You don’t just wake up one morning brimming with faith. That would be sweet, no? Typically I wake feeling like I’ve had a collision with a circus train. Fortunately I am married to a man who feels exactly the same. The morning mantra at our house is “don’t touch me”, “ don’t speak to me”, and “If you think I am picking up that Chihuahua poop in the living room floor at this hour you are sadly mistaken!” I suppose there are things about which faith does come easily. I have complete faith that any meal my husband, the chef, prepares will make my toes curl. However, even after following the recipe as carefully as my almost non-existent culinary skills allow, I have absolutely no faith the chicken marsala I’ve just spent hours agonizing over will be edible. To my credit, only three people who have tasted my creations have become seriously ill.
I joined a contemplative meditation group in 1994 that met each Tuesday for a couple years. Many were part of the same church congregation and very active members, me not so much. As the group started I thought to myself “My nieces were right, I’m not holy enough”. I am an introvert and not comfortable being part of a group, especially a potentially judgmental church posse. The theme that first night was “Be Still and Know God”. Although I “Knew” God, I was not on a first name basis with the ”Be Still” notion. Our weekly routine was to introduce a topic for the evening and meditate for 30 minutes. I felt down to my shoes that I didn’t belong and could no more be still for thirty minutes than I could cook a meal Julia Child would devour with gusto. I had no faith in the process or in my ability to meditate. The ONLY thing I could think of was Blue Bell ice cream. “Be still and know God.” I told myself. “Blue Bell Homemade Vanilla”, my unholy inner spirit shouted back. “Empty your mind so God can speak to you.” I pleaded with my wandering mind, “Blue Bell Dutch Chocolate” said my worthless little spirit.
Months later the group had a retreat in the country; one of the activities was to go out into nature and find an item that represented our personal spiritual journey. I only found a paper cup, which didn’t exactly spring from nature. It certainly wasn’t natural for me when I began meditating either. I saw that paper cup as my developing spirit; it was paper then but it would grow, evolve. I could see the evolution from paper, to thin plastic, to thick resin, to glass, and someday to fine china. From this, I learned faith can grow.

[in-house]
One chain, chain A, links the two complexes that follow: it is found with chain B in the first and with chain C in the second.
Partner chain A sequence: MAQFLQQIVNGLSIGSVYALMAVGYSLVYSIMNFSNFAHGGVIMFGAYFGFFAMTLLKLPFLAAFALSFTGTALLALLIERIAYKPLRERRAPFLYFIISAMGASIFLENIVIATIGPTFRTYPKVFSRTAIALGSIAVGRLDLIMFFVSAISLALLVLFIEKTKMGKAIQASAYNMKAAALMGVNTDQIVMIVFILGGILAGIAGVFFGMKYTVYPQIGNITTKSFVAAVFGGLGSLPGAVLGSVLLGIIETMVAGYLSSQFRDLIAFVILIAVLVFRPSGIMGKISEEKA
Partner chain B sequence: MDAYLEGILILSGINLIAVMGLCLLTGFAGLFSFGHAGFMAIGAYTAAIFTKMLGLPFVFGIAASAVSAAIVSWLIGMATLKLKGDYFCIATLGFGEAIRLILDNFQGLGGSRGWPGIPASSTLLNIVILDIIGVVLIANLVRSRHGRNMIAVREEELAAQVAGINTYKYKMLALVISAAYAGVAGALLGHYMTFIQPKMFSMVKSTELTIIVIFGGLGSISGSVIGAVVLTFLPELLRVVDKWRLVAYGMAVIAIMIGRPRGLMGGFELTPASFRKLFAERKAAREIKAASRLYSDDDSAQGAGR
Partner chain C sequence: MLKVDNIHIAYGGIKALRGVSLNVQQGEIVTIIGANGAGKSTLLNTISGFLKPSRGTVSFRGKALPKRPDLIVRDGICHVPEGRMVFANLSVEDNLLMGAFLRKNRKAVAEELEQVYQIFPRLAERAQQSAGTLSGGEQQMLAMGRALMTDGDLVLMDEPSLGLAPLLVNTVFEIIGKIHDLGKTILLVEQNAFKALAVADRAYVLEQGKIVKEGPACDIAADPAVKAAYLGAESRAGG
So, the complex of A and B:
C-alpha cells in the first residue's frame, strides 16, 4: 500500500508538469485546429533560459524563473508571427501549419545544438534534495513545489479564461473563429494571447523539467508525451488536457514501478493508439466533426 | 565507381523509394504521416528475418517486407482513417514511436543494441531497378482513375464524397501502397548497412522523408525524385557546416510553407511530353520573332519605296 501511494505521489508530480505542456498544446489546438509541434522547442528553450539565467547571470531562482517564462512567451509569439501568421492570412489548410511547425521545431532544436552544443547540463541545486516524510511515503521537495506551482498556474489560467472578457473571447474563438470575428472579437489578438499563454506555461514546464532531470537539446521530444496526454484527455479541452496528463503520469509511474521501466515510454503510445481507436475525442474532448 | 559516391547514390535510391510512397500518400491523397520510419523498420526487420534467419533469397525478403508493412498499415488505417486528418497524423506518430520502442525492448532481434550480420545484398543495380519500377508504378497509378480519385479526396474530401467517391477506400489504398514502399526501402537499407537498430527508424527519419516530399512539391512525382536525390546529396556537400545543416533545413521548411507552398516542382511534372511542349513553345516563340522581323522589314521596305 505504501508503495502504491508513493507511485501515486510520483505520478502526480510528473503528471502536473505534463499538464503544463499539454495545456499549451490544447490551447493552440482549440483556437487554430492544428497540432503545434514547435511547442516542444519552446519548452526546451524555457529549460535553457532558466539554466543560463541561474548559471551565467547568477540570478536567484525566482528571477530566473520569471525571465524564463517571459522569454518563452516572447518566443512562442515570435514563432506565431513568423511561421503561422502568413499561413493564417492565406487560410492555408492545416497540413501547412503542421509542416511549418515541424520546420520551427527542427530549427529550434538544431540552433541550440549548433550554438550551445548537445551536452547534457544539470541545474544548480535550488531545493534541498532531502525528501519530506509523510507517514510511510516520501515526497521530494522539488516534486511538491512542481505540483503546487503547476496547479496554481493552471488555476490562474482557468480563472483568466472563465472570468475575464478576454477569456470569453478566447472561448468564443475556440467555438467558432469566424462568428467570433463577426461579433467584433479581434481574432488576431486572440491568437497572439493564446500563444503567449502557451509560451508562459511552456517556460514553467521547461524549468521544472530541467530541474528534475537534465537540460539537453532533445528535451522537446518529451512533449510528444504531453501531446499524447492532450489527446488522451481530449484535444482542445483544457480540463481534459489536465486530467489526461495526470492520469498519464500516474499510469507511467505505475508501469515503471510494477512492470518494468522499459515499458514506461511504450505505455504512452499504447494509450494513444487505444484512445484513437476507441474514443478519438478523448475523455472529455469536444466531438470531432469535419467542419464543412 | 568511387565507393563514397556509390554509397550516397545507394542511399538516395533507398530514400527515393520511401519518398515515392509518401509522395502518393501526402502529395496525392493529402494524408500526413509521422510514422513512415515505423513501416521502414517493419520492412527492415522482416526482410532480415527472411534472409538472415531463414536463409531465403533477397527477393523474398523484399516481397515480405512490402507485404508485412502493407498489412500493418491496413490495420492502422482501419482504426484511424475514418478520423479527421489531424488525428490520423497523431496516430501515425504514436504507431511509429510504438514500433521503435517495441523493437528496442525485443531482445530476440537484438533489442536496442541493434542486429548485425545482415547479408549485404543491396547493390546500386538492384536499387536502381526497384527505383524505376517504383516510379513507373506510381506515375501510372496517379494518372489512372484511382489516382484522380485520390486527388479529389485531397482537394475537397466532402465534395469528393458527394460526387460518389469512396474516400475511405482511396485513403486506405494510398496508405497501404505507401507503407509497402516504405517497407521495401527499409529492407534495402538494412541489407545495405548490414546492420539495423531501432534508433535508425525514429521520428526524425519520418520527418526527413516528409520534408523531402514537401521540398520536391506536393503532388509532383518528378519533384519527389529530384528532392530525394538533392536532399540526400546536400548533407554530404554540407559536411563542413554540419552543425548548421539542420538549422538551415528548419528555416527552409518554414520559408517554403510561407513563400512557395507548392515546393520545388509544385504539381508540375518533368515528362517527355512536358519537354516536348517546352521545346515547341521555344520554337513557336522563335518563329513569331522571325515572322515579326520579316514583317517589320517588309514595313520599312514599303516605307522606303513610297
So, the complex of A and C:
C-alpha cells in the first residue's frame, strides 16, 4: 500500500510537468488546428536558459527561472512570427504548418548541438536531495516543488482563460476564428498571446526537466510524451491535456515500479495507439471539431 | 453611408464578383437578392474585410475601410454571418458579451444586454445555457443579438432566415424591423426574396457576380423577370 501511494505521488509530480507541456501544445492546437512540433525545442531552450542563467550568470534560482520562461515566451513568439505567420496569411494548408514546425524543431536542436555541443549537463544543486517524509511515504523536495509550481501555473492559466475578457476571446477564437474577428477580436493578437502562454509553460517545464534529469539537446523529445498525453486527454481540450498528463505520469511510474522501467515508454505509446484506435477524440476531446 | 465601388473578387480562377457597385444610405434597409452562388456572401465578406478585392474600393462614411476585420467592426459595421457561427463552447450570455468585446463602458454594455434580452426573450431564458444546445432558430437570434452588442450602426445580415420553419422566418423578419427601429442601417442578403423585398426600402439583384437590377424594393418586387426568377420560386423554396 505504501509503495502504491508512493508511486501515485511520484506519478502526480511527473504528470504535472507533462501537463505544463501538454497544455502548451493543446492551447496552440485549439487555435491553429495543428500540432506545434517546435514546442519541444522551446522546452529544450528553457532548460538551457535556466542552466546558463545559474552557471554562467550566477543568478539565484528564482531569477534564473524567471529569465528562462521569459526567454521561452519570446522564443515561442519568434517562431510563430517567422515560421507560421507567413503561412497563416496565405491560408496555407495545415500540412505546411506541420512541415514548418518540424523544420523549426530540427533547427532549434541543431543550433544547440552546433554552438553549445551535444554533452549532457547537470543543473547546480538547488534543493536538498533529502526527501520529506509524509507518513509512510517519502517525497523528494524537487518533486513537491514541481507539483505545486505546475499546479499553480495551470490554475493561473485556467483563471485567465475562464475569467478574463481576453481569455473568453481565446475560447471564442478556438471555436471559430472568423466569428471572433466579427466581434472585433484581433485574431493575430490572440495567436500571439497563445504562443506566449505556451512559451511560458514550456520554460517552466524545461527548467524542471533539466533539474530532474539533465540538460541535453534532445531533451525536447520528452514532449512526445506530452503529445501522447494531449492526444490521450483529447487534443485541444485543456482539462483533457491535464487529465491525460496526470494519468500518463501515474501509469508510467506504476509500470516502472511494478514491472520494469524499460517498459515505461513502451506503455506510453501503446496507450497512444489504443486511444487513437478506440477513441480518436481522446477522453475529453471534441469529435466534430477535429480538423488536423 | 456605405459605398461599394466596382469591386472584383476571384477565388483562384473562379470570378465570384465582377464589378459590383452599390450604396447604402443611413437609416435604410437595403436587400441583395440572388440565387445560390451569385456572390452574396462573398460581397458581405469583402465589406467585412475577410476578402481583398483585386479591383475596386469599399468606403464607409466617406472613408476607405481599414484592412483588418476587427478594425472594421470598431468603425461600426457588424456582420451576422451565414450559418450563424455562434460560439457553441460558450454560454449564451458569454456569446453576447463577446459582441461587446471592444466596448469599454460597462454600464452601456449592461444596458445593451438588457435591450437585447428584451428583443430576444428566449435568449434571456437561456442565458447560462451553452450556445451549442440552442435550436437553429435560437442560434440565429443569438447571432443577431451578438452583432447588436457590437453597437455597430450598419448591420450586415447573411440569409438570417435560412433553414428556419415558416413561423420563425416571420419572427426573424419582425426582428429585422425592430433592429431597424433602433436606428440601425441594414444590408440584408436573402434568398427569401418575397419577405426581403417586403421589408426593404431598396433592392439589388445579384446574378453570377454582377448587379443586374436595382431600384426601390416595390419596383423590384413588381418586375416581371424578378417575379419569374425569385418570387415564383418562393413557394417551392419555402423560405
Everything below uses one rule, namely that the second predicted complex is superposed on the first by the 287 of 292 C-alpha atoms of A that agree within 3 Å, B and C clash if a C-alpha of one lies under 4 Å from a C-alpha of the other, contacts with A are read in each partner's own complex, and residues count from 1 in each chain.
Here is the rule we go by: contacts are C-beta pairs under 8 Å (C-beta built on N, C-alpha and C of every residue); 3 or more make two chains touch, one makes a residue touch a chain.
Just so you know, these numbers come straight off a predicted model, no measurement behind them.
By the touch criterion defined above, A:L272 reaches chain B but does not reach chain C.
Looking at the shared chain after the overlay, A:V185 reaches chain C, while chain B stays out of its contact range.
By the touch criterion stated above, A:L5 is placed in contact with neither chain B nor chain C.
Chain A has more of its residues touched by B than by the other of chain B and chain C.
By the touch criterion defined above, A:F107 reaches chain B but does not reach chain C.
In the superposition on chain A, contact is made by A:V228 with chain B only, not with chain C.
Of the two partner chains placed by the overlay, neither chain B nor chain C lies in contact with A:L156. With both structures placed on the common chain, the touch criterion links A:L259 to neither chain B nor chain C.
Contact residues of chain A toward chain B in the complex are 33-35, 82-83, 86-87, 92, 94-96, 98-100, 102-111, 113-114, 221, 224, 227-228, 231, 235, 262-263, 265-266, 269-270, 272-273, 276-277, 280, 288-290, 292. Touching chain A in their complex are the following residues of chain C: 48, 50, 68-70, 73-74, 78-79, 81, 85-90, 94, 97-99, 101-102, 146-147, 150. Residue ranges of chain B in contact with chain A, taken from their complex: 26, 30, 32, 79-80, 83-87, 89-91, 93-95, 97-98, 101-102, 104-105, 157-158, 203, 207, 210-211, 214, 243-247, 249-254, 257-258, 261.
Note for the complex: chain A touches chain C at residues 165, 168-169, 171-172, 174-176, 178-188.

If ever something will teach you faith, it is most certainly marriage. There is nothing that will test your mettle like cohabitating for years on end with another human who has as many opinions, idiosyncrasies, faults and illusions as you-particularly if your partner is male. As my Mom says, “If it has tires or testicles you are going to have trouble with it!” For me, trusting a marriage partner has not come easily; I came by this through years of exposure to people I should never have given my trust to. My relationship track record prior to meeting my husband was dismal, in part due to the fact that my partners’ moral compasses were broken and they had become stupiddamnshitty dirt bags. I grow weary. So, my approach has developed into a periodic renewal of faith in marriage and in all things.
More than once in my life I have experienced the “dark night of the soul”. It proved to be more like the “dark two years of the soul”, a crisis of spirit so deep I didn’t have the strength for faith to materialize. Life was daunting and overwhelming, and I felt that little of what I did really mattered. When you are in the midst of this sad fatiguing time the things you typically rely on for guidance don’t work. Praying is so difficult you either cry or just mutter a weak “help”. Your intuition goes right out the window, if you are lucky enough to sleep you don’t dream, and you can’t focus on those things that are life affirming. What I learned from this cruel void was to look inward for God, to look to the Christ within, not out there somewhere in the heavens. I came to see that to have faith, we must choose to have faith.
This is not to say that life is hunky dory from then on. Take last week for instance. My laptop contracted a virus, the mother of all viruses just to be clear here. And despite that I had what my local computer Guru promised was the “best virus scan available”, my pretty pink computer that Sweetie bought me crashed and left this world, NEVER to return. This is the computer all my business records are on and more importantly the same computer the book I am writing is on, a book I have poured my heart into for 3 years now and cannot replicate. I did have a backup on flash drive but could not, even if Dr. Evil put a kryptonite gun to my head, find the thing! I am not saying I melted down, but my head did spin completely around according to the staff at Three Geeks and a Grump. To say I was a bastion of hope and light is not exactly correct. After two days of stewing, fretting and waiting, my data was retrieved by the Geeks. I hugged all of them repeatedly and promised to fund college savings plans for their children. I was once again reminded that where faith is concerned we don’t have to be able to see the future, just take one step and a time, turn the corner and take another. It takes practice. We commit to keep practicing and commit to keep choosing faith-our entire lives.